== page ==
On the one hand, the salutory effect of any publication ban is undermined by the ease with which the ban can be circumvented.  On the other hand, because of the nature of the Internet, information first published at the time of the bail hearing is always accessible, right up to the time of the trial.  In other words, the court cannot always simply rely upon the fact that time will have passed from when the information was first published and that this passage of time will lessen any prejudicial effects of the information.

On the whole, perhaps all that can be said about the efficacy of publication bans in the era of mass communication and the Internet is that the salutory and deleterious effects are uncertain.

The concept of practical obscurity is one favoring the maintenance of an individual’s privacy interest despite the disclosure of information because the information can be hard to find or recall.

For more detailed commentary, see the Court’s summary here.

Toronto Star Newspapers v. Canada, 2009 ONCA 59.

Case Report – SCC says informer privilege absolute

13 Oct

In a judgment released October 11th, the Supreme Court of Canada weighed the interest protected by the informer privilege against the interest in open courts. An 8 – 1 majority held that informer privilege is an absolute bar on the disclosure of an informer’s identity subject only to the innocence at stake exception.

The majority strongly affirmed the mandatory character of the informer privilege. Writing for the majority, Bastarache J. said:

The informer privilege rule is mandatory (subject only to the “innocence at stake” exception). To permit trial judges wide discretion in determining whether to protect informer privilege would undermine the purposes of the rule. Part of the rationale for a mandatory informer privilege rule is that it encourages would-be informers to come forward and report on crimes, safe in the knowledge that their identity will be protected. A rule that gave trial judges the power to decide on an ad hoc basis whether to protect informer privilege would create a significant disincentive for would-be informers to come forward, thereby eviscerating the usefulness of informer privilege and dealing a great blow to police investigations.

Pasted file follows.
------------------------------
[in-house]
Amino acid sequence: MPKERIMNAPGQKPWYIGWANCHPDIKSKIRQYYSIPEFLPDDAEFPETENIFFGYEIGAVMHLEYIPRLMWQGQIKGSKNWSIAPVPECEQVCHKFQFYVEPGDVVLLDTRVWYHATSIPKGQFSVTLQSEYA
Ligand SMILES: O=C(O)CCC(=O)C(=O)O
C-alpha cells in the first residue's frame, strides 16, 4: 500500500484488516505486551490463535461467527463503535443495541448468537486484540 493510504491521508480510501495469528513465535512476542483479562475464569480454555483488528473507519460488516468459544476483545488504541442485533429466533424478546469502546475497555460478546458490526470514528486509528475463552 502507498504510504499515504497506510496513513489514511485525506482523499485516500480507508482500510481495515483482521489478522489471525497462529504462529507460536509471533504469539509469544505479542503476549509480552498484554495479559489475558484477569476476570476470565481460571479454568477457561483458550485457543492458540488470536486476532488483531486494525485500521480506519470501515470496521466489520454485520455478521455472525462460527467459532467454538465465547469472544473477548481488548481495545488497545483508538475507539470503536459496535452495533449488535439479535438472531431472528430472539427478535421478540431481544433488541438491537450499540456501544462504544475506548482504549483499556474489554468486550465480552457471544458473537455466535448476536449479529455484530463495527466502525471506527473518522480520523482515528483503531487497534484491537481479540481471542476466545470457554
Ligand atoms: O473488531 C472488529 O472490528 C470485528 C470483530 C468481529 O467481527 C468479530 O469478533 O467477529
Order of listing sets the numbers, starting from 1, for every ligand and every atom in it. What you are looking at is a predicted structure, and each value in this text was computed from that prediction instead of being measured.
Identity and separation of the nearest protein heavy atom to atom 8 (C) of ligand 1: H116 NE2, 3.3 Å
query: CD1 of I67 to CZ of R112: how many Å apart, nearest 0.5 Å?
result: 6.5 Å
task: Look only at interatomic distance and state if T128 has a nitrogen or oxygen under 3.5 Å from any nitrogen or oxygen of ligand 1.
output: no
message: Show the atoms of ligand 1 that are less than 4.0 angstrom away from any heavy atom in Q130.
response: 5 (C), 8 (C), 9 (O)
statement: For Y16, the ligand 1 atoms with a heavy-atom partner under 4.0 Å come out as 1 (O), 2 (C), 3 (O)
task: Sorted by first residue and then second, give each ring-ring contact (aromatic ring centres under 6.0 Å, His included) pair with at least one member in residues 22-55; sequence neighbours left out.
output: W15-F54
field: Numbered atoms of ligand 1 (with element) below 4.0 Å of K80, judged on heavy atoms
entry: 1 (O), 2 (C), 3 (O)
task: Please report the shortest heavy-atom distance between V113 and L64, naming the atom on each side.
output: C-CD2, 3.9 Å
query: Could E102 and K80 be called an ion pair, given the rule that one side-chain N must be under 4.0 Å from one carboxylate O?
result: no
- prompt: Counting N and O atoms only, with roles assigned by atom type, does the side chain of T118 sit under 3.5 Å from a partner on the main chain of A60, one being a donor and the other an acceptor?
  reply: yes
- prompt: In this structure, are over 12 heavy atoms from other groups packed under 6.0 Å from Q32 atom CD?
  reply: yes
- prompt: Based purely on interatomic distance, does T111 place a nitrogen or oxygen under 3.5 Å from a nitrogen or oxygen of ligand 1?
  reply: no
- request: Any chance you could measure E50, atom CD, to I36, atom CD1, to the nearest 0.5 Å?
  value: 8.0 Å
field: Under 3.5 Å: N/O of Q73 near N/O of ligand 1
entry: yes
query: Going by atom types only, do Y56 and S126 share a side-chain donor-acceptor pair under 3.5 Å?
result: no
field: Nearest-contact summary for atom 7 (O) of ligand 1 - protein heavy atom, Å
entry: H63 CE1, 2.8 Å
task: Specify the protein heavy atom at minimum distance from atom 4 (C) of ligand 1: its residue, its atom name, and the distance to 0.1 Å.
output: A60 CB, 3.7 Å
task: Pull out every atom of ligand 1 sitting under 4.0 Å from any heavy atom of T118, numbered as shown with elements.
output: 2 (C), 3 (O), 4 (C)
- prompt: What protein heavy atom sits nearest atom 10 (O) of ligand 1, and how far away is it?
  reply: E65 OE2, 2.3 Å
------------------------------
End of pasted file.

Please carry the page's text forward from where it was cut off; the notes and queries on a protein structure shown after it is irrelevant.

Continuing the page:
Despite this forceful position, the majority did leave open the possibility that the rule might be the subject of a Charter challenge. It was disinclined, however, to embark on a constitutional analysis in the circumstances because the appeal was of a discretionary order.

The core of the majority judgement is directed at how the judiciary should operationalize the privilege, for even though the privilege must always be respected it is clear that a judge also has a duty to apply it in a manner that minimally impairs the open court principle. The majority recognized that meeting this duty can be challenging for judges because the parties will frequently consent to an in camera process.

In recommending a model process to assist judges in meeting this challenge, the majority held that:

  • a judge can appoint an amicus curiae for the limited purpose of addressing whether the evidence supports the conclusion that a person is a confidential informer
  • the media does not have standing to address this question
  • the media may have standing after the privilege has been established in a second hearing to address the issue of minimal intrusion
  • members of the media should be provided with notice rather than be hand picked
  • whether notice to the media is given is a matter of the judge’s discretion
  • the media should not be provided with identifying information and, more generally, should only be provided with information essential to making an argument

LeBel J. was the lone dissenter. Unlike the majority he framed the contest as between a constitutionally-protected principle (open courts) and a judge made rule that promotes the administration of justice (the informer privilege). He held that an absolute rule was not warranted because the privilege is not an end in and of itself. He also suggested that the majority should have embarked upon a constitutional analysis even though a Charter challenge to the common law rule was not formally made. Given the qualifier made by the majority, LeBel J. may some day get another chance to make his point.

Named Person v. Vancouver Sun, 2007 SCC 43.